18 verification mission, not necessarily from the headquarters but perhaps
19 also from a coordination centre, so did you ever see a request for
20 accompanying police units as they performed their duties?
21 A. I never saw a request, but they typically wouldn't come through
22 my office anyway whether they were formal or informal. We would hear
23 about requests at our staff meeting, that they were submitted, but never
24 saw them.
25 Q. Thank you.
1 MR. DJURDJIC: [Interpretation] Could we now please see the next
2 page of the English version, under Roman IV, subparagraph 2.
3 Q. Colonel, sir, would you agree with me that this agreement
4 provides for 2.000 unarmed verifiers?
5 A. Yes.
6 Q. Tell us, please, what is the basis then -- what is the basis
7 for -- for the procurement of weapons for securing the mission, because
8 as a mission, as a verifying mission, you were not actually allowed to be
9 armed. Would you agree with me that such a request was actually a
10 request to alter the terms of this agreement?
11 A. I think that you're misrepresenting what the original request was
12 of the OSCE for weapons. We requested weapons for body-guards for
13 Ambassador Walker, not for the entire mission, so we were talking only
14 about two or three men that would be armed to provide the security for
15 Ambassador Walker. We were not talking about nor we ever requested that
16 the entire mission be armed.
17 Q. Colonel, sir, I thought you actually read through the entire
18 subparagraph 2. It says:
19 "2.000 unarmed verifiers ..." including the staff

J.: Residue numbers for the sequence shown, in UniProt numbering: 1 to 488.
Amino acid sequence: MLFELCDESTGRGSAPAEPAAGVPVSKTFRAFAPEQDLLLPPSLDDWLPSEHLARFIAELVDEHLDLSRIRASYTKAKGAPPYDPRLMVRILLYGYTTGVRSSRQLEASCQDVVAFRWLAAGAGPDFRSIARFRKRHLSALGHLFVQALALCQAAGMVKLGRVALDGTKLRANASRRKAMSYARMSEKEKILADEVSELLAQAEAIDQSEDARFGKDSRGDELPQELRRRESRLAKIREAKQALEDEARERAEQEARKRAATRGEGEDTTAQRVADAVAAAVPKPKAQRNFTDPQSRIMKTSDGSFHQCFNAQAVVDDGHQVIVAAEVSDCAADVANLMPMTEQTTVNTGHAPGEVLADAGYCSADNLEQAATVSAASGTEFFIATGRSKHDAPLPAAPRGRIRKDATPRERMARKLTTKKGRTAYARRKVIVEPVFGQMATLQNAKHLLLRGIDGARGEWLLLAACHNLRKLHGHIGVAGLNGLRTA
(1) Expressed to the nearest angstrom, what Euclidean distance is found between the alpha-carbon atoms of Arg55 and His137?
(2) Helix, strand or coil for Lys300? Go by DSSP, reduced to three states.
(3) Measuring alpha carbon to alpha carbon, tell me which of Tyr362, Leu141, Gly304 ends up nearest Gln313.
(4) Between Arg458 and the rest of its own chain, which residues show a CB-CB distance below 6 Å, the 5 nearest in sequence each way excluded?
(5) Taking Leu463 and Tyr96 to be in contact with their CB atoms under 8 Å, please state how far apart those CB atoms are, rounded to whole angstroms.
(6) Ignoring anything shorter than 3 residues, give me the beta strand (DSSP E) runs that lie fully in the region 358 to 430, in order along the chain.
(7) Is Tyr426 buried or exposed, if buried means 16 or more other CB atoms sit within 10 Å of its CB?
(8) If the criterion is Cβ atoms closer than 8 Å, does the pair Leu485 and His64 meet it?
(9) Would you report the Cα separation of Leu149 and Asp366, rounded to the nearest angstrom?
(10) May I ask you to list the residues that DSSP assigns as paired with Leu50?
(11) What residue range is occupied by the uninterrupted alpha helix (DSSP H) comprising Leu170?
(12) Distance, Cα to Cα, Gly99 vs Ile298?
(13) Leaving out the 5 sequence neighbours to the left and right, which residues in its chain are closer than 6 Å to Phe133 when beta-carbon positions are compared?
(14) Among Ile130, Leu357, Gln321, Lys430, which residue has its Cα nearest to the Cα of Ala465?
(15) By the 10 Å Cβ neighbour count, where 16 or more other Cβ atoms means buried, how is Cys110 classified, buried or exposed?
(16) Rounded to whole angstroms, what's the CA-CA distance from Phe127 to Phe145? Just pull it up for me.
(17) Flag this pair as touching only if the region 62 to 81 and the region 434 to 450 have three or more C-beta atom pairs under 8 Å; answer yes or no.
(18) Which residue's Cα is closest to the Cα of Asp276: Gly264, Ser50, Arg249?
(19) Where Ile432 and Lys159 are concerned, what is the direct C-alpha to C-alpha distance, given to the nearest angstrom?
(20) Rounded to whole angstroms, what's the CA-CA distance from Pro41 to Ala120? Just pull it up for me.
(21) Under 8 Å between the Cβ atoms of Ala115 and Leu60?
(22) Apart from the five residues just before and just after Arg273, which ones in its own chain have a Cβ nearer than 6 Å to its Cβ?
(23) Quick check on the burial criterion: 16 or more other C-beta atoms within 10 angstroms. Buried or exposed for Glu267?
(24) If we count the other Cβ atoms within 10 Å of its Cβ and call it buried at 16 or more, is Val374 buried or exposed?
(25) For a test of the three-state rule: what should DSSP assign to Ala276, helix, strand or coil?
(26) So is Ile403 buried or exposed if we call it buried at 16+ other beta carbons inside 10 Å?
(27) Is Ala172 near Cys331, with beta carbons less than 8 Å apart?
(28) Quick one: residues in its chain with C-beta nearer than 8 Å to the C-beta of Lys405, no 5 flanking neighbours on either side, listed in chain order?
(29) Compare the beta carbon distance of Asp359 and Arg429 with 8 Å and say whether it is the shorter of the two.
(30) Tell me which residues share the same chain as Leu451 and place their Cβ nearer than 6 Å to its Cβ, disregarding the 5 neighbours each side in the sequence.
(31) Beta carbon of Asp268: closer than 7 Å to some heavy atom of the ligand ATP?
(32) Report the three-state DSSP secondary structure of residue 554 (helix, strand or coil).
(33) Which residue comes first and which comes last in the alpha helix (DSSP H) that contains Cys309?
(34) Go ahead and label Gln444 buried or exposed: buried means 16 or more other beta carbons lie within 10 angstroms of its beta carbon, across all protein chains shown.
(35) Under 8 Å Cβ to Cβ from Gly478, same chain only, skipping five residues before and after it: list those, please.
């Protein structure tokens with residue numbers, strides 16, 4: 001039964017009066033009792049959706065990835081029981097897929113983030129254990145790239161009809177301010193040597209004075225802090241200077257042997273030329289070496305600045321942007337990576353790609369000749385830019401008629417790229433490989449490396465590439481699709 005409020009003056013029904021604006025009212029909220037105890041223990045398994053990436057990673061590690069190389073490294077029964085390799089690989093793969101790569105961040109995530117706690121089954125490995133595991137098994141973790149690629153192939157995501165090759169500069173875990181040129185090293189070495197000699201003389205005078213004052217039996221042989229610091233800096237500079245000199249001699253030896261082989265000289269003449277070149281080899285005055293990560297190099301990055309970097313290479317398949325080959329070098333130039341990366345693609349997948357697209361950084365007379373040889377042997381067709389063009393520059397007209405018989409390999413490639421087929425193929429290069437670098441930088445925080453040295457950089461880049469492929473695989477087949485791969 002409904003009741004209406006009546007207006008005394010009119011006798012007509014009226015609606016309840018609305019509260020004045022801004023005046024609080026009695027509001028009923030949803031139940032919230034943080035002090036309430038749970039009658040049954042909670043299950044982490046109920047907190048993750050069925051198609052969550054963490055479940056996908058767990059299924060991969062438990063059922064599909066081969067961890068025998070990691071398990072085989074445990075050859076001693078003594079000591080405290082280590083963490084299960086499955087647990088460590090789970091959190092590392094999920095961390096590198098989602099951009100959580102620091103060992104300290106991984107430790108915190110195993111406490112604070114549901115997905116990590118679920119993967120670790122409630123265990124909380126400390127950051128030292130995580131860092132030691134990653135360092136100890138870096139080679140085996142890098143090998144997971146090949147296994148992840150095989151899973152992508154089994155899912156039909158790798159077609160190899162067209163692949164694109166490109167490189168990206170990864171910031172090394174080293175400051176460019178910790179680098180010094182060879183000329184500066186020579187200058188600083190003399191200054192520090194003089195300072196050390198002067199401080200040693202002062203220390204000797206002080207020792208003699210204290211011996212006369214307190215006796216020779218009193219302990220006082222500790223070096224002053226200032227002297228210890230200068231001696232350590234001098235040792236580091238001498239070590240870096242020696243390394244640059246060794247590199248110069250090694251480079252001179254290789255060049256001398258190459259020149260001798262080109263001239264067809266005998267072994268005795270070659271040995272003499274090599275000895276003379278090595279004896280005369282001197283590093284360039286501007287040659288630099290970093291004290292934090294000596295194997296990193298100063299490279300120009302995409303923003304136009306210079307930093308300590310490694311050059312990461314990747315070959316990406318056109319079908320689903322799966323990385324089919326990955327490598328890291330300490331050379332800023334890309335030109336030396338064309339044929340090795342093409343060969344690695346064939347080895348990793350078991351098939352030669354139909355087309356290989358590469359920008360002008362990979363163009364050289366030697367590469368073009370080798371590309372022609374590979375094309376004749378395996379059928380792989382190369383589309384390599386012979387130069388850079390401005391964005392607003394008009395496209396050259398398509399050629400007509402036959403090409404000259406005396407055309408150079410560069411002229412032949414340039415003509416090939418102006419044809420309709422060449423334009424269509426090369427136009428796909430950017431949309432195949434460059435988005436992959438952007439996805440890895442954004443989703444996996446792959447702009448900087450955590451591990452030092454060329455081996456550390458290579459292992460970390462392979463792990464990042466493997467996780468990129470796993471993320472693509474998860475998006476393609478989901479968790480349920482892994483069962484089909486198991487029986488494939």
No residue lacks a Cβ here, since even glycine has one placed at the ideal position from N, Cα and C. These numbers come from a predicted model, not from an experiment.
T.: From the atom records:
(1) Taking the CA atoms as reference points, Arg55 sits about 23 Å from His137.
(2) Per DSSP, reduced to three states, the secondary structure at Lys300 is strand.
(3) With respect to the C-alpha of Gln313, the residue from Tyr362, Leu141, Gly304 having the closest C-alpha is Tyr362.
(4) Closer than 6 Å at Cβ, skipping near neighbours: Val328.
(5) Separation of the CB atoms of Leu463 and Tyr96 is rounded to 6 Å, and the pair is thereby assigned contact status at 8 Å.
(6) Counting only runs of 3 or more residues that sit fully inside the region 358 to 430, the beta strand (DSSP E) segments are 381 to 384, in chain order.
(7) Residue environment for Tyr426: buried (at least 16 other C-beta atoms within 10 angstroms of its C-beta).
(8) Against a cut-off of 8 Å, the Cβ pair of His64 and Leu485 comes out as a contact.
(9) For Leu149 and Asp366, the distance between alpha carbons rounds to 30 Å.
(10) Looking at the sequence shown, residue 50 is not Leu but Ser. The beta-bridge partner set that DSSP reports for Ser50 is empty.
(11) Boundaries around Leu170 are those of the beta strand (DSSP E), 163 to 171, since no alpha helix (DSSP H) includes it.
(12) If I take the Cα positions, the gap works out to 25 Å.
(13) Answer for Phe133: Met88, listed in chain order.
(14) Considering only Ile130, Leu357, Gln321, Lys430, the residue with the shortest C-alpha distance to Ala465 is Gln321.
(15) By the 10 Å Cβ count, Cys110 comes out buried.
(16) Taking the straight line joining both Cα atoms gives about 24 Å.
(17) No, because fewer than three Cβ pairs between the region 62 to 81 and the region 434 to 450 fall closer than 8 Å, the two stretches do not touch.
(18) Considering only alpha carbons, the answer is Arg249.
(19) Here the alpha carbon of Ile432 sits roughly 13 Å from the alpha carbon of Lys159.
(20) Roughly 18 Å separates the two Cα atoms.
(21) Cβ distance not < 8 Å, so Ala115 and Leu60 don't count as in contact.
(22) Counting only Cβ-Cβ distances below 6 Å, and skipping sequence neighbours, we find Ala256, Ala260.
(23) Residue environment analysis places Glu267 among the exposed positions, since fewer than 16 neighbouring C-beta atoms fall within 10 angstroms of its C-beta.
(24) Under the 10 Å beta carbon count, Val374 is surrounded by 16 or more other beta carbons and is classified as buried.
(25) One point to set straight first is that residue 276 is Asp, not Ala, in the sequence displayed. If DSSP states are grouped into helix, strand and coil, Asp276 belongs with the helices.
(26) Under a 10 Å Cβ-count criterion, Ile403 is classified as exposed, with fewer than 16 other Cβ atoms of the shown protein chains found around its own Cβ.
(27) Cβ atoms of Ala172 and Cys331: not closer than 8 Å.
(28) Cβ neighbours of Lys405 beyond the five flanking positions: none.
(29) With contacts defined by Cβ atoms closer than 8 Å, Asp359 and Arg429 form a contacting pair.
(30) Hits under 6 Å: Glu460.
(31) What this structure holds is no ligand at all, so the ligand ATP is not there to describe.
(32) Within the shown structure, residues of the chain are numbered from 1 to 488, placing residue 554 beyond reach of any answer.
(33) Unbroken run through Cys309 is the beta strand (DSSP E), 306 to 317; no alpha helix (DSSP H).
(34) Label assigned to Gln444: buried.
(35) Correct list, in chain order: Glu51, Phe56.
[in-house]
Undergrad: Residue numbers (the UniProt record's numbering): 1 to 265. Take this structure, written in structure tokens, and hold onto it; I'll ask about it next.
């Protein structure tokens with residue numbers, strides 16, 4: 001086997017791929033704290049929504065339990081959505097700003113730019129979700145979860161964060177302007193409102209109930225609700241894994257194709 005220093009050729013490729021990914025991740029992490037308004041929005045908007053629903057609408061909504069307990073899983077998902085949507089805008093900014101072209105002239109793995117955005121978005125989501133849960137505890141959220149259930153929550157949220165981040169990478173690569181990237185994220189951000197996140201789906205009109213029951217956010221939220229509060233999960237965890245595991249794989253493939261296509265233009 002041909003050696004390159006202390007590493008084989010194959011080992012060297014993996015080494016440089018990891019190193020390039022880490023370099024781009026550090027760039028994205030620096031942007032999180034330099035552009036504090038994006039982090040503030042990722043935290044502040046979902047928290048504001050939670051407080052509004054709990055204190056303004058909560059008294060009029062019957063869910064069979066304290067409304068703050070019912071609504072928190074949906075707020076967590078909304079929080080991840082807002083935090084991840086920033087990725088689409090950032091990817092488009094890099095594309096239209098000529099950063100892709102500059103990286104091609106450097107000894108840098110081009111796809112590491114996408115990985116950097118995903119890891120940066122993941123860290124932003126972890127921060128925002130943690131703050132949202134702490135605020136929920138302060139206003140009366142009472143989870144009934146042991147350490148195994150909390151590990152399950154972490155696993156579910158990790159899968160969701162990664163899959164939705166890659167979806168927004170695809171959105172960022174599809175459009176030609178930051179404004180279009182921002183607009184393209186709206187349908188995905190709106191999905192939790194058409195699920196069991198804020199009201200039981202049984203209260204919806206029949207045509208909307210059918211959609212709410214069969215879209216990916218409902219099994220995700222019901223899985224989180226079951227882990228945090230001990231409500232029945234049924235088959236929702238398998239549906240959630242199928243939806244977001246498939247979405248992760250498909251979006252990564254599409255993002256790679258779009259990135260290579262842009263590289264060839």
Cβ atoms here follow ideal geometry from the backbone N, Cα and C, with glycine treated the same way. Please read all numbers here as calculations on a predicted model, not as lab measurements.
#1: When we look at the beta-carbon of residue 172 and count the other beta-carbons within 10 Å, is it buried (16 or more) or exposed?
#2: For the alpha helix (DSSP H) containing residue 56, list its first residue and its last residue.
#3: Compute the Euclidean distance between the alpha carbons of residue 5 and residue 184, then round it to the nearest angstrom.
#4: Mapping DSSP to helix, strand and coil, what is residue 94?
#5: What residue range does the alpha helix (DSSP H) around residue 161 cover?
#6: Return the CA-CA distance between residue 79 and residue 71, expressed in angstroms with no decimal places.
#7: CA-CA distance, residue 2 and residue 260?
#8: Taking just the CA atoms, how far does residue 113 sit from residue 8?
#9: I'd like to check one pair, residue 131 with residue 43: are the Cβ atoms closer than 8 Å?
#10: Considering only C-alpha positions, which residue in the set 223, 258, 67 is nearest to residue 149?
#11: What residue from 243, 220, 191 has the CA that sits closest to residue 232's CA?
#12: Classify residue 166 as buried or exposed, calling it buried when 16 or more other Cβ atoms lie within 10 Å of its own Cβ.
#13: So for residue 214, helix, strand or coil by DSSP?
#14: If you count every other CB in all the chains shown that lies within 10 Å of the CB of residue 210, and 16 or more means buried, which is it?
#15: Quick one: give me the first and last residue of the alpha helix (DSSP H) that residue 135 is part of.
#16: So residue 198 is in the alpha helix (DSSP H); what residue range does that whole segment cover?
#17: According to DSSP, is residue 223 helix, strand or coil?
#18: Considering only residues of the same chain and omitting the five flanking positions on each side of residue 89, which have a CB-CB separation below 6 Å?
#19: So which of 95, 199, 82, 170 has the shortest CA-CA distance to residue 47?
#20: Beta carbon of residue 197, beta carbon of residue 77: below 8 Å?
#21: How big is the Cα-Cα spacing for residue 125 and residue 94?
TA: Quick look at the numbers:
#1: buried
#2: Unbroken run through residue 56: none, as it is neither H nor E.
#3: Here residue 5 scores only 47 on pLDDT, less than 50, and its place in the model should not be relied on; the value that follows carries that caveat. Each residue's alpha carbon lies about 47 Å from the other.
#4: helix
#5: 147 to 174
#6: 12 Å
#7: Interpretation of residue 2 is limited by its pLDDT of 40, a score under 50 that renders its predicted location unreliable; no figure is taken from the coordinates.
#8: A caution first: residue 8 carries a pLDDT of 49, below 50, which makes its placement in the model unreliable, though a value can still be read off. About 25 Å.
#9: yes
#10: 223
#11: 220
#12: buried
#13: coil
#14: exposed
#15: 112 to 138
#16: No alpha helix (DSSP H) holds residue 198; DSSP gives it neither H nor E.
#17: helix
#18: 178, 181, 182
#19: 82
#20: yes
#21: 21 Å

20 "... headquarters and support staff ..."
21 And if the body-guards of Ambassador Walker's are support staff,
22 even they would not be entitled to carrying arms under this subparagraph?
23 A. I don't disagree with that. I will tell you that
24 Ambassador Walker personally asked for personal security based on
25 incidents that we had confronted once we arrived in Kosovo.
1 Q. I absolutely agree, but I'd like to ask you this: I see that you
2 cooperated or worked together mostly with Mr. Sainovic, Mr. Loncar, and
3 other representatives of the cooperation mission. Do you know whether
4 any steps were taken with the presiding officer of the OSCE or its
5 Secretariat to propose to the FRY government to change or amend the
6 agreement of the 16th of October, so as to enable certain members of the
7 KVM to carry arms?
8 A. I don't have any knowledge of what the Secretariat did with that
9 information. We requested to them what the need was for the body-guards
10 to be armed for Ambassador Walker. Whether they went through formal
11 channels with the FRY government I don't know. I know that we levied
12 that request to Mr. Sainovic, and he took that request forward to see if
13 he could assist us in meeting that request.
14 Q. Colonel, would you agree that this agreement in its unchanged
15 form remained valid all the way until the 20th of March, 1999, when you
16 left Kosovo?
17 A. Yes.
18 Q. Thank you. Another thing, since I see that this was the topic of
19 much discussion and waste of time, and that is the issue of helicopters.
20 Does this agreement foresee at all that the verification mission have any
22 MR. HANNIS: Your Honours, I would just like to put an objection
23 on the record that the commentary about a "waste of time" is
24 inappropriate in the question.
25 JUDGE PARKER: Yes, Mr. Hannis, but it washes over us. Don't be
2 Carry on, please, Mr. Djurdjic.
3 THE WITNESS: Could you repeat the question again, sir.
4 MR. DJURDJIC: [Interpretation]
5 Q. Yes, without the "waste of time" part. Do you agree that the